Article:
Efficacy of Beef Carcass Surface Trimming to Reduce or Eliminate Escherichia coli O157:H7 Surrogates from Subsequent Subprimals
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This study was conducted to determine the effectiveness of trimming the original external carcass surfaces from subprimals during fabrication on the reduction of surrogates for Escherichia coli O157:H7. Carcass sides from five cattle (n = 10 sides) were inoculated along the pattern hide opening before entering the blast chill cooler with a gelatin slurry containing a bacterial cocktail of three rifampicin-resistant, nonpathogenic E. coli Biotype I strains. Following a 48 h chill, sides were fabricated to produce eight subprimals (brisket, chuck, clod, rib, bottom round, top sirloin, short loin, and inside round). Microbiological samples were taken from the original carcass fat surface area, initial lean surface area, trimmed fat surface area (where applicable), and trimmed lean surface area (where applicable). Trimming of the external fat surfaces reduced (P < 0.05) microbiological counts on the newly exposed lean surfaces of all eight subprimals during fabrication. However, these data also indicated that fat and lean surfaces that were not initially exposed to contamination became contaminated during the fabrication process. Trimming external surfaces reduces levels of pathogens, but under normal fabrication processes, pathogens may still be spread to the newly exposed surfaces.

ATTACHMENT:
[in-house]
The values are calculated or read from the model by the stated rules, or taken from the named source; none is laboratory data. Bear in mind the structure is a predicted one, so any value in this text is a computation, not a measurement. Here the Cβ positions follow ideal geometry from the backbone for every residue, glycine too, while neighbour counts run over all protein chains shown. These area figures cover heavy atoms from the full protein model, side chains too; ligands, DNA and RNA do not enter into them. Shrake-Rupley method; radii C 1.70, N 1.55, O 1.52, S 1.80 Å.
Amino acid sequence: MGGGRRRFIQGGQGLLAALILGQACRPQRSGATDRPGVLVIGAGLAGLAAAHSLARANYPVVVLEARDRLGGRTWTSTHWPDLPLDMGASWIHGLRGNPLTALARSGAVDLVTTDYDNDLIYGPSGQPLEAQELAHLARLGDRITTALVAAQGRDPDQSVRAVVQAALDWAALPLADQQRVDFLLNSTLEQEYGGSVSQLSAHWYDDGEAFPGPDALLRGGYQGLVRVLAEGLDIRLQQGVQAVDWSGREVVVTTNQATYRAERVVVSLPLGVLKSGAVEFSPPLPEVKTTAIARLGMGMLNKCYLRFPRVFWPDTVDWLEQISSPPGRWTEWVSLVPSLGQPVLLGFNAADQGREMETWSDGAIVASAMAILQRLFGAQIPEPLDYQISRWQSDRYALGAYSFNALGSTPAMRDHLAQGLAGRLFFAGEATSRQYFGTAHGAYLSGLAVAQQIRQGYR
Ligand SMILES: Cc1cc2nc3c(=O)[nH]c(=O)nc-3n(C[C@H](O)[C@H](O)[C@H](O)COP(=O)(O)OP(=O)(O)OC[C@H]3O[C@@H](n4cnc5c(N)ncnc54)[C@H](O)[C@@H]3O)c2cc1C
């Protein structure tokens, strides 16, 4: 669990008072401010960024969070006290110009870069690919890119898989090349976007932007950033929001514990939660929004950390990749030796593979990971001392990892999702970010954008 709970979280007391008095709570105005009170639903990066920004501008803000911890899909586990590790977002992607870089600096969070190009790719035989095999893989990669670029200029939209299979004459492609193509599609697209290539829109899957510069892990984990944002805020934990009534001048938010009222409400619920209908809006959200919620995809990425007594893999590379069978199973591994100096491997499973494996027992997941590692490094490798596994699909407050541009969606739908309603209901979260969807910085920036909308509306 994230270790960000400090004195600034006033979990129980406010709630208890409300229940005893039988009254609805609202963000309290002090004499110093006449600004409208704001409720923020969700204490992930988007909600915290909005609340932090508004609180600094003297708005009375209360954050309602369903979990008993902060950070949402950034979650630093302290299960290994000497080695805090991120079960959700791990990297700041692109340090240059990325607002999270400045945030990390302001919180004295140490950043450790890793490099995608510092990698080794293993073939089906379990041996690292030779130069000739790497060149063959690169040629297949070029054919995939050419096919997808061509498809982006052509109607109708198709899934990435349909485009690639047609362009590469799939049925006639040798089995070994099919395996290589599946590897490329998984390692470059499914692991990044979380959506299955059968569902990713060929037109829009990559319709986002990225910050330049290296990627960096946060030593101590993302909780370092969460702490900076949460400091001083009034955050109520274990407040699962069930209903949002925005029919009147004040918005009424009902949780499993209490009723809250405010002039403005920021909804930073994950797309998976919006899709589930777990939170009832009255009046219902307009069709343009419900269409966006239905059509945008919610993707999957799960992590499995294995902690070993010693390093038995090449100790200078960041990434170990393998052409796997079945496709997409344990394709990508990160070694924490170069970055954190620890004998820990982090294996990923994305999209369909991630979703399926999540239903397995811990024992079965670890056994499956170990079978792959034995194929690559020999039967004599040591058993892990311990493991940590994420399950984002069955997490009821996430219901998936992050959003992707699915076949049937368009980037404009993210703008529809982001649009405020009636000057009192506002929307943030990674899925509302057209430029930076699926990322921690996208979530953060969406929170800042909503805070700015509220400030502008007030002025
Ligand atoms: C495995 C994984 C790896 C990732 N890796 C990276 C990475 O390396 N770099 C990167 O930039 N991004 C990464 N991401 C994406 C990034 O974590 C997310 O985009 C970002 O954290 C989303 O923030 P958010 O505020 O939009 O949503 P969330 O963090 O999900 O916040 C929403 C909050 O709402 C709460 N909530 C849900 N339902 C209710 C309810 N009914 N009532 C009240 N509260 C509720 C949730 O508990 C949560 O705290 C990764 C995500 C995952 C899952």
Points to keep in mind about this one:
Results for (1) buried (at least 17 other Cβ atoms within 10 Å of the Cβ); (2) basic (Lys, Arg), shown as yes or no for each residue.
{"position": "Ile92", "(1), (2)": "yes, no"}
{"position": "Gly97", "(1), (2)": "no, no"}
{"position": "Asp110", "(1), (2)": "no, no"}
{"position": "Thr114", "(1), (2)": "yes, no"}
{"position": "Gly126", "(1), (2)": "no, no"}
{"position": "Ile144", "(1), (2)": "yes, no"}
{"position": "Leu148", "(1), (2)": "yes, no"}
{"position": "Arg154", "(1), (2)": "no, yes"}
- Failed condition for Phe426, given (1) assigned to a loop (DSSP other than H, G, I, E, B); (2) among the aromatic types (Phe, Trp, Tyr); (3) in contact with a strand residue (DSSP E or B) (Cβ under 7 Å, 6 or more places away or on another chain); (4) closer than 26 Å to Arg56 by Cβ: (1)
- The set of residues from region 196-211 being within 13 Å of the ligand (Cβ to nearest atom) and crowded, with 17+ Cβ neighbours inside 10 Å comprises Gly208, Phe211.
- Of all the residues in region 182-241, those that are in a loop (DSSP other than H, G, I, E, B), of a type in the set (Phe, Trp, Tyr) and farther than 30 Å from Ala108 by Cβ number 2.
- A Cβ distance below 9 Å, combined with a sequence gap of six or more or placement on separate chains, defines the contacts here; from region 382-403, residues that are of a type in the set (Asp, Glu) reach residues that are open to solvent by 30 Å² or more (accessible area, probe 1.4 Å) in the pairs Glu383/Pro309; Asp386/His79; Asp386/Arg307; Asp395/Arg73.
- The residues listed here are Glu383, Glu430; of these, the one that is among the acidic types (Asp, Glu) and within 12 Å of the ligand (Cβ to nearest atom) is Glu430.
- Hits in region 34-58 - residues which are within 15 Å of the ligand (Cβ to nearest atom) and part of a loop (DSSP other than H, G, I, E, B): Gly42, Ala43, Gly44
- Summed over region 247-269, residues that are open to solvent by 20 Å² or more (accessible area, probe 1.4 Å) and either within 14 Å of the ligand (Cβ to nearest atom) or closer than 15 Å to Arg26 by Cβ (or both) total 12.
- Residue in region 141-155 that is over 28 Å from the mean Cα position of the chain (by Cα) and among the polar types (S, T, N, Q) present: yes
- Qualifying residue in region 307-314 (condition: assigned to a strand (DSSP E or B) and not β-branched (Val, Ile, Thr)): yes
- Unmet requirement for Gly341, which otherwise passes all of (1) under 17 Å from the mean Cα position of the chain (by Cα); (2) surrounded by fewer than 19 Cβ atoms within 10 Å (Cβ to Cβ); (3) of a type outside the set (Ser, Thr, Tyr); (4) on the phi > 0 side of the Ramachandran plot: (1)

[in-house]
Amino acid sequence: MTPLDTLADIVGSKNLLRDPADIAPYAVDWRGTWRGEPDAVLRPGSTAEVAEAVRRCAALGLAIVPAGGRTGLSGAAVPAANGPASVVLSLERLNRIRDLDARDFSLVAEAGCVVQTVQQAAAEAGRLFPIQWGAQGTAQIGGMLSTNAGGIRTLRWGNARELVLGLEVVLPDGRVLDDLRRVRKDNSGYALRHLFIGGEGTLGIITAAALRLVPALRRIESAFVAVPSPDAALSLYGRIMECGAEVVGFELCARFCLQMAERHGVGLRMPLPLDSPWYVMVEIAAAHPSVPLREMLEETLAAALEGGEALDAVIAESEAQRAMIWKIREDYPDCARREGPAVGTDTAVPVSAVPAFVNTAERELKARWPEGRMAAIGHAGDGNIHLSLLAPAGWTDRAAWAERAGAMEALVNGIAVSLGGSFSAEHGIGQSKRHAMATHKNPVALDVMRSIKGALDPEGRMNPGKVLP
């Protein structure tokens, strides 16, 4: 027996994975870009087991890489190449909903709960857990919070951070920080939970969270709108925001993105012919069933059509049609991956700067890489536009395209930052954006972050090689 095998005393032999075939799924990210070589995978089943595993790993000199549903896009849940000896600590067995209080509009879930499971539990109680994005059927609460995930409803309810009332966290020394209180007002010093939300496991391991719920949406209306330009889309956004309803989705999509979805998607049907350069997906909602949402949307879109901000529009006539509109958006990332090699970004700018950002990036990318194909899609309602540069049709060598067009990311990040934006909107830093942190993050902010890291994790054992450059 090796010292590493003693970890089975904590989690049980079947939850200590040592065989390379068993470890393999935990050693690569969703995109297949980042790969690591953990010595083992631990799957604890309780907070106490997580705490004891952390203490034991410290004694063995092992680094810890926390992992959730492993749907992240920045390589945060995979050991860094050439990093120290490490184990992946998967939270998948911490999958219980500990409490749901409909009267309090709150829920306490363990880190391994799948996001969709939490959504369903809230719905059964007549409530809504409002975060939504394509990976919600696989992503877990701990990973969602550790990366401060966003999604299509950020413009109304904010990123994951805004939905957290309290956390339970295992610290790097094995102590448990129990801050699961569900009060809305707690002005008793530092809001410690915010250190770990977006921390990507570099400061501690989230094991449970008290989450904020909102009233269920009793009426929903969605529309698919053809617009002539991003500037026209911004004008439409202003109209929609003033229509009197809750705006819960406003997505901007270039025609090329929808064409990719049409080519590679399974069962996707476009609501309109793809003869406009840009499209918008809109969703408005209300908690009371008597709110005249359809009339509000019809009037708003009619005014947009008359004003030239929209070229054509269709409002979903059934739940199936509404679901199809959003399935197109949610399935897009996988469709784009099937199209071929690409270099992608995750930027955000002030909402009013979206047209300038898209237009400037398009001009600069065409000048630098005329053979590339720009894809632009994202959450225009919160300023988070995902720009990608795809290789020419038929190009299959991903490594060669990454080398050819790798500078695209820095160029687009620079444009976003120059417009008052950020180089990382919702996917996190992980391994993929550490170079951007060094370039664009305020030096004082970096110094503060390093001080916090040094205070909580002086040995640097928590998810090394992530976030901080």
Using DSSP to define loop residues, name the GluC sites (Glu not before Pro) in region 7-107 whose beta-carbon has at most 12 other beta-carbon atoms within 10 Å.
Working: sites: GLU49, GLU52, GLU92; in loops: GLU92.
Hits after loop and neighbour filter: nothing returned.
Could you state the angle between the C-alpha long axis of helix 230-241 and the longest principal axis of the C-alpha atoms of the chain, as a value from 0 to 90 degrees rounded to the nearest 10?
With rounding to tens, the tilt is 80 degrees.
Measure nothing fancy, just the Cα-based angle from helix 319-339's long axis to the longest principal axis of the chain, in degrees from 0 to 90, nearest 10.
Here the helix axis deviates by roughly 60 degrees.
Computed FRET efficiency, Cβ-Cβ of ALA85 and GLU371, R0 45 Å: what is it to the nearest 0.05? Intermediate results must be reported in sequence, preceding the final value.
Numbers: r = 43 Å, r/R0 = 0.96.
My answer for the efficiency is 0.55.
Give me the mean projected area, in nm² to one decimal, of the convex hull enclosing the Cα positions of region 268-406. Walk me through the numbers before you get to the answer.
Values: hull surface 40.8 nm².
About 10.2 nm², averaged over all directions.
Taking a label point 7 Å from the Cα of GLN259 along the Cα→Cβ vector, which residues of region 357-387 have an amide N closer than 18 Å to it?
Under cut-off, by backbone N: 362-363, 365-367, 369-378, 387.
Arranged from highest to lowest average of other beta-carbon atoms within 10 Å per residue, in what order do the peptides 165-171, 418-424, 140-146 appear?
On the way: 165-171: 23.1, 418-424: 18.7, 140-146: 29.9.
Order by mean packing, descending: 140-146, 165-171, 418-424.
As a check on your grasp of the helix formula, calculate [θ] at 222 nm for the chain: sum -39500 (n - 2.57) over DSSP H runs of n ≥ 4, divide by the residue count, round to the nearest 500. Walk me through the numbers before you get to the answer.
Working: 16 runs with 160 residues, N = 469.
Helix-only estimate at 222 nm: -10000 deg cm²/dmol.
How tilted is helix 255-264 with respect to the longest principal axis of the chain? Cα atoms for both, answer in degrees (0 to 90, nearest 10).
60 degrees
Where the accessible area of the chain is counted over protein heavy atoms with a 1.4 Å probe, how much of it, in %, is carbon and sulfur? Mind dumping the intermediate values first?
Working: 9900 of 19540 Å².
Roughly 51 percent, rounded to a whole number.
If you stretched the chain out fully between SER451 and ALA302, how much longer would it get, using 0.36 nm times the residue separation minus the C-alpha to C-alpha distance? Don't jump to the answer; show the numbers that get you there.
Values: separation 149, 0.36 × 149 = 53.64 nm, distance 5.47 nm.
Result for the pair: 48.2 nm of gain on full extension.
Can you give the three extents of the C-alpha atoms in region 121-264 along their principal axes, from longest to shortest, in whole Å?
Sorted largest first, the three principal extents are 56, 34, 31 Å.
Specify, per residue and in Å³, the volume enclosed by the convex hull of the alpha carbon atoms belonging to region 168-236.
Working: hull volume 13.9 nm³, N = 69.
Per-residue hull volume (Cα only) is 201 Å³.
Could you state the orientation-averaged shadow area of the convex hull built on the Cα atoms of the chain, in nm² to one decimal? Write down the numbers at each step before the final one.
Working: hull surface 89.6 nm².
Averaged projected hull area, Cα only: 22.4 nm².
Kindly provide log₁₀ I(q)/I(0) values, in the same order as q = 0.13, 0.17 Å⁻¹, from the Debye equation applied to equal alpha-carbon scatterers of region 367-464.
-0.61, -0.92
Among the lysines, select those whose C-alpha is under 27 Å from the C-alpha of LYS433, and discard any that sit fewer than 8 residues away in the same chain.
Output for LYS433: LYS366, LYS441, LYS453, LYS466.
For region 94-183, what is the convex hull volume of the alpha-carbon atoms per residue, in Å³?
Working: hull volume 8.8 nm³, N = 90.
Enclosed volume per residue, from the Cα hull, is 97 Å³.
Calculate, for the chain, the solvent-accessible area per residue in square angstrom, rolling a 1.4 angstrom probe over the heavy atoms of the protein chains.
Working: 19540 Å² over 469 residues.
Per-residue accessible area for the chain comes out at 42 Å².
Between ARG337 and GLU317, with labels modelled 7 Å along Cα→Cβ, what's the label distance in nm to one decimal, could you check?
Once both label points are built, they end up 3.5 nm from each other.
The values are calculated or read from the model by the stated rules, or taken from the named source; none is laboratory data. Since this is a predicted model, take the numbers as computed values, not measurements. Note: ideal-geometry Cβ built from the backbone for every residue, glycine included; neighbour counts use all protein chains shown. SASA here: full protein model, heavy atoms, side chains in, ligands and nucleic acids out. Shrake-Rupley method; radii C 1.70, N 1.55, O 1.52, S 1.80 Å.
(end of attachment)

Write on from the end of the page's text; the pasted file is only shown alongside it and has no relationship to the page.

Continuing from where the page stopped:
Laster, Brittany Anise (2010). Efficacy of Beef Carcass Surface Trimming to Reduce or Eliminate Escherichia coli O157:H7 Surrogates from Subsequent Subprimals. Master's thesis, Texas A&M University. Available electronically from